Cell viability assay under oxidative condition

To assess the anti-oxidant effects of ANXA1, H2O2 was used to mimic the oxidative stress induced by low-dose radiation. Untreated ADSCs were used as control. First, to determine the optimal concentration of H2O2 to treat ADSCs with, the cells were treated with various concentrations of H2O2. 3-(4,5-Dimethylthiazol-2-yl)-2,5-diphenyltetrazolium bromide (MTT) (2.5 mg/mL; Sigma, UK) was used to determine cell viability after treatment with H2O2. Briefly, the medium in each well was removed and replaced with 300 μL MTT reagent and the plates incubated at 37꼦 for 4 h. Following this, the supernatant was removed, and the cells were treated with dimethyl sulfoxide (Sigma-Aldrich, USA) for 15 mins at 37꼦. Absorbance was measured at 570 nm wavelength on VerxaMax (Associates of Cape Cod Incorporated, MA). Cell viability was normalized as a percentage using the absorbance value for the control.

Statistical analysis

Data were analyzed using paired t-test and one-way analysis of variance. P < 0.01 was considered statistically significant and is indicated in the figures as ***. Statistical analyses were performed using the Prism software for Windows (ver. 5.01; GraphPad Software, USA).


ANXA1 expression induced at the transcriptomic level by low-dose radiation

To assess whether ANXA1 expression is induced in ADSCs when irradiated with low-dose radiation, cells were seeded in a 35 mm dish at 3 × 105 cells/mL. 24 h after seeding, ADSCs were exposed to low-dose (1 mGy) radiation. The expression of ANXA1 at the transcriptome level was then assessed using cDNA synthesis analysis at 6 h (sample A) and 48 h (sample B) after irradiation. Our data indicated that ANXA1 expression was higher at the 6 h time point compared with that in the control group (0 h). Notably, ANXA1 expression returned to normal levels 48 h post-irradiation (Fig. 2A). These patterns were similarly observed in quantitative data (Fig. 2B). These results indicate that low-dose radiation induces transiently the expression of ANXA1 in ADSCs.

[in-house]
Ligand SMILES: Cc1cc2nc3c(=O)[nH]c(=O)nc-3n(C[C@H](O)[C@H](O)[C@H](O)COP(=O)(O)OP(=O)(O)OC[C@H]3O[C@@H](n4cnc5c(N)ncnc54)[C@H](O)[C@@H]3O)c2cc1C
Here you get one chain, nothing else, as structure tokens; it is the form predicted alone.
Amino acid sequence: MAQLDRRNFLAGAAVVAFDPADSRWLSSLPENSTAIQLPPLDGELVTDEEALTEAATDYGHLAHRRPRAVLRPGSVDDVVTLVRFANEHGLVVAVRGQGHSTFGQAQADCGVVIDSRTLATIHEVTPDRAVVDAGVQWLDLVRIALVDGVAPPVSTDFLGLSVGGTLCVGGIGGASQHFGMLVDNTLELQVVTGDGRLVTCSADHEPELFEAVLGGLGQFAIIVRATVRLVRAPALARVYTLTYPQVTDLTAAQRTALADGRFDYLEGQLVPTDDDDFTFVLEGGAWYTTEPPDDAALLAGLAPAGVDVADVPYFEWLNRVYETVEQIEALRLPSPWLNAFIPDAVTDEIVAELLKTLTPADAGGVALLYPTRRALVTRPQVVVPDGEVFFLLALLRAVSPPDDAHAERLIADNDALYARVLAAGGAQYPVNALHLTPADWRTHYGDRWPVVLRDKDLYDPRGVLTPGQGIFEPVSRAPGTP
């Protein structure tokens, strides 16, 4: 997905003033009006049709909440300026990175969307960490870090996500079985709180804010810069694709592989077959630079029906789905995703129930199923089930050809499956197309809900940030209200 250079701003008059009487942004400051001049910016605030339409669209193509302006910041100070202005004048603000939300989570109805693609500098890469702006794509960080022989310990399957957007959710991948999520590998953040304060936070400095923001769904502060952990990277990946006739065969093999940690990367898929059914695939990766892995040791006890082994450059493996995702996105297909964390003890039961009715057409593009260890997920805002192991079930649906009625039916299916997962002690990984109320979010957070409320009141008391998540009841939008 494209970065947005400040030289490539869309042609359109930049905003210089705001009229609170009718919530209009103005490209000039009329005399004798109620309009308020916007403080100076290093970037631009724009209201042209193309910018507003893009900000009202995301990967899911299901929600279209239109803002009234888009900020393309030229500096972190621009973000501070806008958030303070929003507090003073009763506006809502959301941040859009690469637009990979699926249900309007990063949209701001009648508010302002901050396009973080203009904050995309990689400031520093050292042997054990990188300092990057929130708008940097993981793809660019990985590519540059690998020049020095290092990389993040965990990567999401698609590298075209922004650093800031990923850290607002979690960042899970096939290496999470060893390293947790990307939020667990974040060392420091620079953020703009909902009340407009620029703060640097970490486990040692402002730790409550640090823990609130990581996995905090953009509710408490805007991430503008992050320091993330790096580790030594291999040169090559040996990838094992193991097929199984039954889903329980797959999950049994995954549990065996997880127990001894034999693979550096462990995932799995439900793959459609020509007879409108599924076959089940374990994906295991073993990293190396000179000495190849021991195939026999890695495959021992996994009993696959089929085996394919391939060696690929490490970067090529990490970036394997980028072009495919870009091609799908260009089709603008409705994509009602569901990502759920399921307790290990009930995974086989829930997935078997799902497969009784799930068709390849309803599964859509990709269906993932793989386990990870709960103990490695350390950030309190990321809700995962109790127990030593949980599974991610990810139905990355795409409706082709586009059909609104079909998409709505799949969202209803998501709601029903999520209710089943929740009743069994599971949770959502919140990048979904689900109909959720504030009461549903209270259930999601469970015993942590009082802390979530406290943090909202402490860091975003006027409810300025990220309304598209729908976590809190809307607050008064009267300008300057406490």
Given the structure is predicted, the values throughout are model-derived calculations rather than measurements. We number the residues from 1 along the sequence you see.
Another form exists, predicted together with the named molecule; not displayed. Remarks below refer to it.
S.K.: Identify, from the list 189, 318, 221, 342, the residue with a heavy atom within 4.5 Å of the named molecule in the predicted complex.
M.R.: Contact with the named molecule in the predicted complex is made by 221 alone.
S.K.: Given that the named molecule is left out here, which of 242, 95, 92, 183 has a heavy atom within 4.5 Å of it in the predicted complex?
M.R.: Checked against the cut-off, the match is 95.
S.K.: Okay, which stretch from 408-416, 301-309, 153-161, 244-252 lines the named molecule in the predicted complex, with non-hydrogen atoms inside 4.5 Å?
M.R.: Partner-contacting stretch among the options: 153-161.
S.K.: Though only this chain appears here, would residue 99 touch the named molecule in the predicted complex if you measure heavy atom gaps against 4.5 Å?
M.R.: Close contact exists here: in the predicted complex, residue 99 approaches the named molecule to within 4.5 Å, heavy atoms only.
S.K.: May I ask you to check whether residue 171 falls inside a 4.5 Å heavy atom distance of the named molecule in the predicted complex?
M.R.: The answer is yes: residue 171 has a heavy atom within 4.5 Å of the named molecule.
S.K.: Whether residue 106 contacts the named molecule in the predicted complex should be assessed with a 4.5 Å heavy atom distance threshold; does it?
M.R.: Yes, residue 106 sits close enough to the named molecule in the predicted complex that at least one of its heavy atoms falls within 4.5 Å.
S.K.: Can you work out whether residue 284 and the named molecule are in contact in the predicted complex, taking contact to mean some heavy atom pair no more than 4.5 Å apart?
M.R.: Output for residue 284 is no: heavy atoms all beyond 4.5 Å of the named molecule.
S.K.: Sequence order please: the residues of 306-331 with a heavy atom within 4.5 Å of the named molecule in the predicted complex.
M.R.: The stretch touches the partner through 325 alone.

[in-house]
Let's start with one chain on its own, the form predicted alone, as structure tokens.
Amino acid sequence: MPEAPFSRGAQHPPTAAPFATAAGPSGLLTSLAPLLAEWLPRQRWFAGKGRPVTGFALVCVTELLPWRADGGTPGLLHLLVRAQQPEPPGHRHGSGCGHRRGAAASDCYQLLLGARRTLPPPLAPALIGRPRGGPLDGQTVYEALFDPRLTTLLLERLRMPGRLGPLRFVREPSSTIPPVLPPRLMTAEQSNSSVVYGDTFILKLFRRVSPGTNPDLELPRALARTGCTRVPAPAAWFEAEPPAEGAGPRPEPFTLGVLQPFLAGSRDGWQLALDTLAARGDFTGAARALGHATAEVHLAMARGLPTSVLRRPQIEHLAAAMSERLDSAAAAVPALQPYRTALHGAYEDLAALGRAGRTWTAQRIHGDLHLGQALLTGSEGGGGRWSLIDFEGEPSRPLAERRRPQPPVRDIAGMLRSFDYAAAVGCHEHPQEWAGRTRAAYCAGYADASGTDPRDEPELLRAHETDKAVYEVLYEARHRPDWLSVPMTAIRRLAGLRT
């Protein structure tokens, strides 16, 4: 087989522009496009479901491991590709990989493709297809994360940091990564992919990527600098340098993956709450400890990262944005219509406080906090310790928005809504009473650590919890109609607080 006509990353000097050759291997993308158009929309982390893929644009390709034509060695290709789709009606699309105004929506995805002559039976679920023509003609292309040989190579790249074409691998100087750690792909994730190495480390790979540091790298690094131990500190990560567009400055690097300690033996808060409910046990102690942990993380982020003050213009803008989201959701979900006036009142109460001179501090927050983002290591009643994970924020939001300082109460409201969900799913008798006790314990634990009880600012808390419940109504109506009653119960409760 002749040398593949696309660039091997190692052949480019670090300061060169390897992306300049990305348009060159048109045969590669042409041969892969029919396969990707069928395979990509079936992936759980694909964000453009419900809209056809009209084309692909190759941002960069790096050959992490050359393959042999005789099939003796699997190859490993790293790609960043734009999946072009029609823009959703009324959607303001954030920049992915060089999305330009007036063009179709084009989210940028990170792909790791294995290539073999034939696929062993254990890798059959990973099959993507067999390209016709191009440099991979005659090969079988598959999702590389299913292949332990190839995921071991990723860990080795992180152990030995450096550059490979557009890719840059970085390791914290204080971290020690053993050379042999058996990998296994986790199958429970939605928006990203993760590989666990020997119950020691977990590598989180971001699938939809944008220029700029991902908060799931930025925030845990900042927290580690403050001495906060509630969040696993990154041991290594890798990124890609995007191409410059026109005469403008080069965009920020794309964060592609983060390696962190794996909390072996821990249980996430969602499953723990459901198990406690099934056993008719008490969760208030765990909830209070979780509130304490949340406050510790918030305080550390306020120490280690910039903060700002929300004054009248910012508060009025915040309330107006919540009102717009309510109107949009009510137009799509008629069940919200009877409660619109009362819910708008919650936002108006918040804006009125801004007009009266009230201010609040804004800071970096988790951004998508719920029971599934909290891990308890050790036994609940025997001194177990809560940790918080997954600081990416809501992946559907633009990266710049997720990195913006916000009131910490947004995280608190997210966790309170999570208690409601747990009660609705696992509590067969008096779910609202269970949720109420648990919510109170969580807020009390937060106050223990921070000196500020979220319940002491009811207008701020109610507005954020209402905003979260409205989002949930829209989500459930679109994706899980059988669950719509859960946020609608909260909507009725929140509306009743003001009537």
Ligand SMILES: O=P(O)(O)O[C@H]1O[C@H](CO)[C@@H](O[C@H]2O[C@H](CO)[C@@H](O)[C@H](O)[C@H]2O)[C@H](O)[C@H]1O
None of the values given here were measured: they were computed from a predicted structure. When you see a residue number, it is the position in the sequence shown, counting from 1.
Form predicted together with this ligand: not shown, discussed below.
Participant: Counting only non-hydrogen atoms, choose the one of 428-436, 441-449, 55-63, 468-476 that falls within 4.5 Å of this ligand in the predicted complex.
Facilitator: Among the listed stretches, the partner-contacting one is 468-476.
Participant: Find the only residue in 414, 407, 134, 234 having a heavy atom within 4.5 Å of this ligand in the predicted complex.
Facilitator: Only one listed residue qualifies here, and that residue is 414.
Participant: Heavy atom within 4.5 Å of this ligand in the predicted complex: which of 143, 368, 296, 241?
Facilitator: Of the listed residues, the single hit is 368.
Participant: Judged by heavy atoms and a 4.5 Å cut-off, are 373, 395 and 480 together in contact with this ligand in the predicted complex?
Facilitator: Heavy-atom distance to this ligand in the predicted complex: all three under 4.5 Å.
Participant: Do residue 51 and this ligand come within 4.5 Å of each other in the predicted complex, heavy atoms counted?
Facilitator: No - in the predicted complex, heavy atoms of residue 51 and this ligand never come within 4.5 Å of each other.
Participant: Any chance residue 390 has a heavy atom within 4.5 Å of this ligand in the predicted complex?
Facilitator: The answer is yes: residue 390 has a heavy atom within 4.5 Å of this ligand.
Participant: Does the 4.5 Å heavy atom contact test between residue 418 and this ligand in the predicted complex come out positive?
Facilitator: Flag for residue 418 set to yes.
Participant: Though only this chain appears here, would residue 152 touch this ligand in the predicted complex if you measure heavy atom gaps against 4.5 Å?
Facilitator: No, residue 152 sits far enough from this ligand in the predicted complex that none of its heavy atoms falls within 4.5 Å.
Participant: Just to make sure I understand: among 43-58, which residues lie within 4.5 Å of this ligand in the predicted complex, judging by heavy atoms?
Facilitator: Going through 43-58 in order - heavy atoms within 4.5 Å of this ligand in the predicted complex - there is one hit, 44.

Fig. 2. The confirmation of ANXA1 expression induced by low-dose ionizing radiation. (A) ADSCs were irradiated with low-dose radiation (1 mGy) and then the expression of ANXA1 assessed in transcriptome level at 6 and 48 h post-irradiation. (B) Quantified values of ANXA1 expression were normalized by GAPDH.

Viability of ADSCs expressing radiation-induced ANXA1 under oxidative conditions

To assess whether ANXA1 induced by low-dose radiation is resistant to oxidative cellular damage, cells were treated with various concentrations of H2O2 (from 20 to 100 mM) to mimic the in vivo oxidative environment. As shown in Fig. 3A, ADSC viability was inversely proportional to H2O2 concentration. The half maximal inhibitory concentration (IC50) of H2O2 was 60 mM. To evaluate the antioxidant effects of ANXA1, ADSCs were exposed to low-dose radiation, and then cell viability was determined using MTT assay. Fig. 3B depicts the viability of ADSCs treated with low-dose radiation and H2O2. Our data indicated that cells treated with 60 mM H2O2 exhibited lower viability compared with controls, consistent with the result in Fig. 3A. Notably, irradiated ADSCs were observed to significantly higher viability compared with those treated with H2O2. However, ADSCs treated with H2O2 after irradiation exhibited a higher survival rate compared with cells of the H2O2-treated group (Fig. 3B). These results indicate that radiation-induced ANXA1 induces antioxidant properties in ADSCs.